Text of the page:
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4 challenges to fighting fire in the snow

Snow can hinder the size-up, hiding dangers and firefighter tools, and requires more effort to effect a fire attack, making rehab a must


When we are working in the snow, remember that we will be exerting extra effort to combat the obstacle that has fallen before us


As we face the winter deep freeze, we are reminded of how cold-weather operations can be strenuous. The firefighters operating in snow in the northern part of the country will certainly attest to this.

The accompanying video shot recently in New York shows exactly what it is like to have to work in the snow, which exacerbated the conditions the firefighters faced fighting this house fire. As much as we enjoy the snow for some recreational purposes, it does add strain to the firefighting operations.

1. Lost firefighter tools, hidden dangers

Snow hides the lay of the land. Usually when we arrive on scene, part of our size-up is to note the lay of the land. Is there a sloping backyard or a drop in the rear for a walk out? Snow on the ground hides all that detail from us. As we traverse the site, we can’t see or identify all the ground hazards, such as holes, depressions, ditches and whatever else could be present. We are also in danger of injury from items left lying on the ground and buried by the snow.

It also hides our tools and hose lines. In the early moments of the response, when deploying our equipment, snow can hide the hose line or the tools that we are using if we place them down on the ground. So be careful where you place your tools when you are not using them.

2. Slower response can allow fire to grow

Snow is also challenging to walk around and through with firefighter gear and tools. Depending upon the depth of the snow, the mobility of the firefighter is greatly reduced. As you can see in the video, as the crews are advancing lines and walking around the structure, they are slowed down by the snow. Slowing down our actions allows the fire to grow as it wants to.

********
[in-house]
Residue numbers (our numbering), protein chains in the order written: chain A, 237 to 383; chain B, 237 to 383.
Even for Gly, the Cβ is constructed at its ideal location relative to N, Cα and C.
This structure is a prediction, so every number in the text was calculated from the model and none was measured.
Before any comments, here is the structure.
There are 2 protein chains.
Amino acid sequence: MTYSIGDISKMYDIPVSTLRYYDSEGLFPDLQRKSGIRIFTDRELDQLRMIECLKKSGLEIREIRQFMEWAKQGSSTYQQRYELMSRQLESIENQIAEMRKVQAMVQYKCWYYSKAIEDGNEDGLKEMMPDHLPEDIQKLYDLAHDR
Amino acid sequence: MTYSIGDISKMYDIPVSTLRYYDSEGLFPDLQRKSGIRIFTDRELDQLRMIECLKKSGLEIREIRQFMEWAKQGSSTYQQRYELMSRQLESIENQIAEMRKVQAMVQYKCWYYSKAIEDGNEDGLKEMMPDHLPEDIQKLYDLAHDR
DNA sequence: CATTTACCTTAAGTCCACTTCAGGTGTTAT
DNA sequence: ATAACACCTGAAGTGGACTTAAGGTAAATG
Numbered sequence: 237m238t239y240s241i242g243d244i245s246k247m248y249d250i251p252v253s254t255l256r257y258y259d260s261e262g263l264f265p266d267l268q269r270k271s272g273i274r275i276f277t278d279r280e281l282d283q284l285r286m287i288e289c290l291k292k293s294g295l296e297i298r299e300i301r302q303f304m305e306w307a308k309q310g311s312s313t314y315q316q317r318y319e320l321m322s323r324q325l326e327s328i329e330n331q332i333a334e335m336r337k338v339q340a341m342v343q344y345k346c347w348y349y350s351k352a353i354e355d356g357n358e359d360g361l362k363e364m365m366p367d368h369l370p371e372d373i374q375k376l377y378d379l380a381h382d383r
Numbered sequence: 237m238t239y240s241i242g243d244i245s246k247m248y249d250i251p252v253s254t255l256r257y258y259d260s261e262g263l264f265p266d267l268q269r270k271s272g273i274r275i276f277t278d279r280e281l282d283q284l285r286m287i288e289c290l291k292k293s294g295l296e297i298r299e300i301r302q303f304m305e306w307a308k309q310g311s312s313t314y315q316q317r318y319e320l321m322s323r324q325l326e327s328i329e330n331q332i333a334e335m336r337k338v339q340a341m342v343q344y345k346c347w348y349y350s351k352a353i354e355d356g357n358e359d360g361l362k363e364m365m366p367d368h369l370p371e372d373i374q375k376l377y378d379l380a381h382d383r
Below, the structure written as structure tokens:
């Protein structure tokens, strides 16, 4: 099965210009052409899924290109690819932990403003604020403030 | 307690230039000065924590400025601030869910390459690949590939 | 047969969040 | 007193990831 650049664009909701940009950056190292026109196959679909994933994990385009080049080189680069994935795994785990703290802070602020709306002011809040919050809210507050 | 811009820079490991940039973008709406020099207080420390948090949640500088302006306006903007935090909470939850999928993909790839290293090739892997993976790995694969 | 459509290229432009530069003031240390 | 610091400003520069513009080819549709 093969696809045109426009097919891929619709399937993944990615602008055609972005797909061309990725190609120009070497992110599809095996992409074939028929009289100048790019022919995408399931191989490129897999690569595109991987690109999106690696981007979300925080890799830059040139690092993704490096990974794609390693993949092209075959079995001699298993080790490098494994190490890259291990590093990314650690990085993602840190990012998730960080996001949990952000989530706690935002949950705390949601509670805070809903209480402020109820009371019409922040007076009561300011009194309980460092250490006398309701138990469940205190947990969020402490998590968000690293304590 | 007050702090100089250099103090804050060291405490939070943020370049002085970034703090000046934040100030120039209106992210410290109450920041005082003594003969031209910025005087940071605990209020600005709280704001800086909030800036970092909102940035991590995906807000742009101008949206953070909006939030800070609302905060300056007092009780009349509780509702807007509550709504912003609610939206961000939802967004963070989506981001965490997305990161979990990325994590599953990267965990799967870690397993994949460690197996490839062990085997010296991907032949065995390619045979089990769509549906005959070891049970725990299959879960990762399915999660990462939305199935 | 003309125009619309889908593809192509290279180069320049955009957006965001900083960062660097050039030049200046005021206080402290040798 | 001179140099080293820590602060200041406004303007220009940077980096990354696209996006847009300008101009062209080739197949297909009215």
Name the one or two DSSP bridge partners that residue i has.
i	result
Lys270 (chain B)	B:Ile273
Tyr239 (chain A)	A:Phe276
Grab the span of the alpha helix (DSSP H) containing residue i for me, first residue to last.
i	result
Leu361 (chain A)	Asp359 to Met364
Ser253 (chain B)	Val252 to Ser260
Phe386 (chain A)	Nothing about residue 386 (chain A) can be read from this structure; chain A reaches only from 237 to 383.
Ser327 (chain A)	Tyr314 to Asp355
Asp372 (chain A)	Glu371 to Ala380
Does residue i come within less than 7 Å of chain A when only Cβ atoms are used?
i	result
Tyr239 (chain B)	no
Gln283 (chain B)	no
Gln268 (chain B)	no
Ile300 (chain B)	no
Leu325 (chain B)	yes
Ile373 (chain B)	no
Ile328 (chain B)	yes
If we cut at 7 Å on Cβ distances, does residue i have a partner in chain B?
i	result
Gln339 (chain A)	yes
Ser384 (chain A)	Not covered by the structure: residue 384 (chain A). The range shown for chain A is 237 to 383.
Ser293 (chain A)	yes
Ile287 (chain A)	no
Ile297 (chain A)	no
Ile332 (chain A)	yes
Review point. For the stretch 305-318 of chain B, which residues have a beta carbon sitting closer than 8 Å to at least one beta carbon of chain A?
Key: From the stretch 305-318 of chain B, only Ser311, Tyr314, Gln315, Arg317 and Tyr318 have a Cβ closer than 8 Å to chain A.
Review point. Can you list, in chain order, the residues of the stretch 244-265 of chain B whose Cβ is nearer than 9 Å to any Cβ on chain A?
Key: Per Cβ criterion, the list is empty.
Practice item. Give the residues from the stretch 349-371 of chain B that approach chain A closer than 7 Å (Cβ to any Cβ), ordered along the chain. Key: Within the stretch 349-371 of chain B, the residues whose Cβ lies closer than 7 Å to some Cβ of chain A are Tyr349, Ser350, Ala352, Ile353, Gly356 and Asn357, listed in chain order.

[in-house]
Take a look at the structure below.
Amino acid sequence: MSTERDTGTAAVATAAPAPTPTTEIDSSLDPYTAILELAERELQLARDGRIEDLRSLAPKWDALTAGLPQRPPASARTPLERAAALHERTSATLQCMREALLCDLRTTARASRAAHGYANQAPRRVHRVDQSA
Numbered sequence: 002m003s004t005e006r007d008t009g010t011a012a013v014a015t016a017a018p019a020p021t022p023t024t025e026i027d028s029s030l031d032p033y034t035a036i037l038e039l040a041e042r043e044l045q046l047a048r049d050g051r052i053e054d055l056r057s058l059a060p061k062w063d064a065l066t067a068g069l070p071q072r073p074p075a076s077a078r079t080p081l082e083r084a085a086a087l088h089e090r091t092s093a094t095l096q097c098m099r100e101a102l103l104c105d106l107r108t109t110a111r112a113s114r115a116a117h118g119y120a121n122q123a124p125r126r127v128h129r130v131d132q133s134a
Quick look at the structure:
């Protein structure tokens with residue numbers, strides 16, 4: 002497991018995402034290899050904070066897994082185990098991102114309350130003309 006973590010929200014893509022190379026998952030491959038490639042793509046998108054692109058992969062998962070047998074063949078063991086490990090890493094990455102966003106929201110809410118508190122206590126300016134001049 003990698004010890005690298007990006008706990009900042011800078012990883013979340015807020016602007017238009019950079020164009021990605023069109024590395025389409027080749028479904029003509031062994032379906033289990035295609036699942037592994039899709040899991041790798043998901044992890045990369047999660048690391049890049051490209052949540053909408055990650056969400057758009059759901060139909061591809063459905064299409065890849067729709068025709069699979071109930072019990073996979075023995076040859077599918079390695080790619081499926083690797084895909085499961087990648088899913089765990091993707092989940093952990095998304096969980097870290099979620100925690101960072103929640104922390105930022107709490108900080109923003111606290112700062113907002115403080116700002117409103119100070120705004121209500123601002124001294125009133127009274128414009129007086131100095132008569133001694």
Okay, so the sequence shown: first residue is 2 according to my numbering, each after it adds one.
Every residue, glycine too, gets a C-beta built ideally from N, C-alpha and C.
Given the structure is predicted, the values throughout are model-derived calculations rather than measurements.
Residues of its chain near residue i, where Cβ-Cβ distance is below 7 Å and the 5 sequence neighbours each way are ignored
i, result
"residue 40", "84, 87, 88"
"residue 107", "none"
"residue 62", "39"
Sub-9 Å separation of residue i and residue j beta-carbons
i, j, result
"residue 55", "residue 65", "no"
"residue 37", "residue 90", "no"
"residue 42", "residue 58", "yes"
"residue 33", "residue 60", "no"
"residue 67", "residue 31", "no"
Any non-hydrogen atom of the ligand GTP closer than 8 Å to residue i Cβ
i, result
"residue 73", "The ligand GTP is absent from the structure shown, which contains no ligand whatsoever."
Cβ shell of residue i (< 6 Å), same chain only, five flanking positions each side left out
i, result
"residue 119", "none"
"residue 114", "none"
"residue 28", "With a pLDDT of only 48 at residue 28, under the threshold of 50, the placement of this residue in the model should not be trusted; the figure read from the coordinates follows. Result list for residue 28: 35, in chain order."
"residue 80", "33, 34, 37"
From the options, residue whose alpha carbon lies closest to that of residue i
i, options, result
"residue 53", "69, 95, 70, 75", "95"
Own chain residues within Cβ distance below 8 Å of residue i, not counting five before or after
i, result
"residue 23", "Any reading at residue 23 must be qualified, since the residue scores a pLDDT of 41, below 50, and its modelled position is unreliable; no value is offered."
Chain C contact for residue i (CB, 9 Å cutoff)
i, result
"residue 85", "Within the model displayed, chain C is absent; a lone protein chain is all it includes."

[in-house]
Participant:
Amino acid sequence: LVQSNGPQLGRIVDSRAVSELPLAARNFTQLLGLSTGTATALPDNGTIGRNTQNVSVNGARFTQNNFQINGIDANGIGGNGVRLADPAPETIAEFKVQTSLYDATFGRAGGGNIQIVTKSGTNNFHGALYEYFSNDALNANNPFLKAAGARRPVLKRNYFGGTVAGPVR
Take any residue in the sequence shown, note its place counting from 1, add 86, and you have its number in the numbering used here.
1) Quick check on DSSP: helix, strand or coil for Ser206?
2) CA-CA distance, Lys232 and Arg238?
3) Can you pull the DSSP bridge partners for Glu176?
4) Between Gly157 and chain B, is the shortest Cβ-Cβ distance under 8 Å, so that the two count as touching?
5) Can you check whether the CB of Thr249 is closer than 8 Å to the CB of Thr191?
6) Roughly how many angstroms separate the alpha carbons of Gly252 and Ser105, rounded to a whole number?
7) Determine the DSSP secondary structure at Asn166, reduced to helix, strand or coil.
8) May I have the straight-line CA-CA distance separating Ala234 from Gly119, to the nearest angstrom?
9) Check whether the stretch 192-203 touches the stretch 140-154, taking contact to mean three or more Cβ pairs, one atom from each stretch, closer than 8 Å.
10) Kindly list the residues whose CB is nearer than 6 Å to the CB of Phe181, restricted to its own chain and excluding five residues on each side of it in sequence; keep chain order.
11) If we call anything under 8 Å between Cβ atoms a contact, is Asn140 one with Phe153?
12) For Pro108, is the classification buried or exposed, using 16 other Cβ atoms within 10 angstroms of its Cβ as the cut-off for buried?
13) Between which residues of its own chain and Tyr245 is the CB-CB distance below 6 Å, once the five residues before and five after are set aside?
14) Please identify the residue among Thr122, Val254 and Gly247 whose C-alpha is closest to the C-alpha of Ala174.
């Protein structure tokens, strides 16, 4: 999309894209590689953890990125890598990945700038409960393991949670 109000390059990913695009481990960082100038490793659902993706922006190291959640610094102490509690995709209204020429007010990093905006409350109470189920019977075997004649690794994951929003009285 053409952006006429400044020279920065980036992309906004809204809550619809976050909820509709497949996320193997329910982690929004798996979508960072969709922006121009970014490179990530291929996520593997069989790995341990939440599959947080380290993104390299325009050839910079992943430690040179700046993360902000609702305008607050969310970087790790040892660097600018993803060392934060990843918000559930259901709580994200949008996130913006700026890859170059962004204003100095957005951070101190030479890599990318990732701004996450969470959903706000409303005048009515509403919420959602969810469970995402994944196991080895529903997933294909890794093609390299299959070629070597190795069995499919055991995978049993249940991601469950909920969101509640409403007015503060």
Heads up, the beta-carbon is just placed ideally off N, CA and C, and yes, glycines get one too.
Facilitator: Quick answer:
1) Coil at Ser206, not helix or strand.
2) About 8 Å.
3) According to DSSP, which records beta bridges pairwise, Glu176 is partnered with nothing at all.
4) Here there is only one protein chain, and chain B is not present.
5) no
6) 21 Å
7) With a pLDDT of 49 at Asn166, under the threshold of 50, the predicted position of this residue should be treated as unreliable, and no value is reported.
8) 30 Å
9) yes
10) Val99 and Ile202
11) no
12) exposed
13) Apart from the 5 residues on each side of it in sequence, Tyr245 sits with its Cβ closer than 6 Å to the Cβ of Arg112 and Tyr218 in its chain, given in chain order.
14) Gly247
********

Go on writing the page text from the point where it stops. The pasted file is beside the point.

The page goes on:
3. Snow weighs down, hinders equipment

Snow hinders the equipment needed to be moved or deployed. As the crews try to advance a hose line to initiate suppression, the snow is being advanced along with the hose line, slowing down the progress. Snow does have water weight to it and when it clumps to our equipment, it weighs it down. It also adds friction to moving objects like the hose line. When we are moving equipment like PPV fans, we must drag them or carry them so that they are not tracking all the snow in their path along with them.

4. Increased need for firefighter rehab

The fatigue factor of walking through snow also means firefighters will need quicker respond to rehab times. When we are working in the snow, remember that we will be exerting extra effort to combat the obstacle that has fallen before us.

Working in the snow is not an easy task and thankfully it only happens for a few months of the year.

Editor’s Note: Now that you’ve read about cold-weather challenges, check out these tips for mananging cold-weather firefighting.

Mark van der Feyst has been in the fire service since 1998, currently serving as a firefighter with the Fort Gratiot Fire Department in Michigan. He is an international instructor teaching in Canada, the United States and India. He graduated from Seneca College of Applied and Technologies as a fire protection engineering technologist, and received his bachelor’s degree in fire and life safety studies from the Justice Institute of British Columbia and his master’s degree in safety, security and emergency management from Eastern Kentucky University. van der Feyst is the lead author of the book “Residential Fire Rescue” and “The Tactical Firefighter.” Connect with van der Feyst via email.

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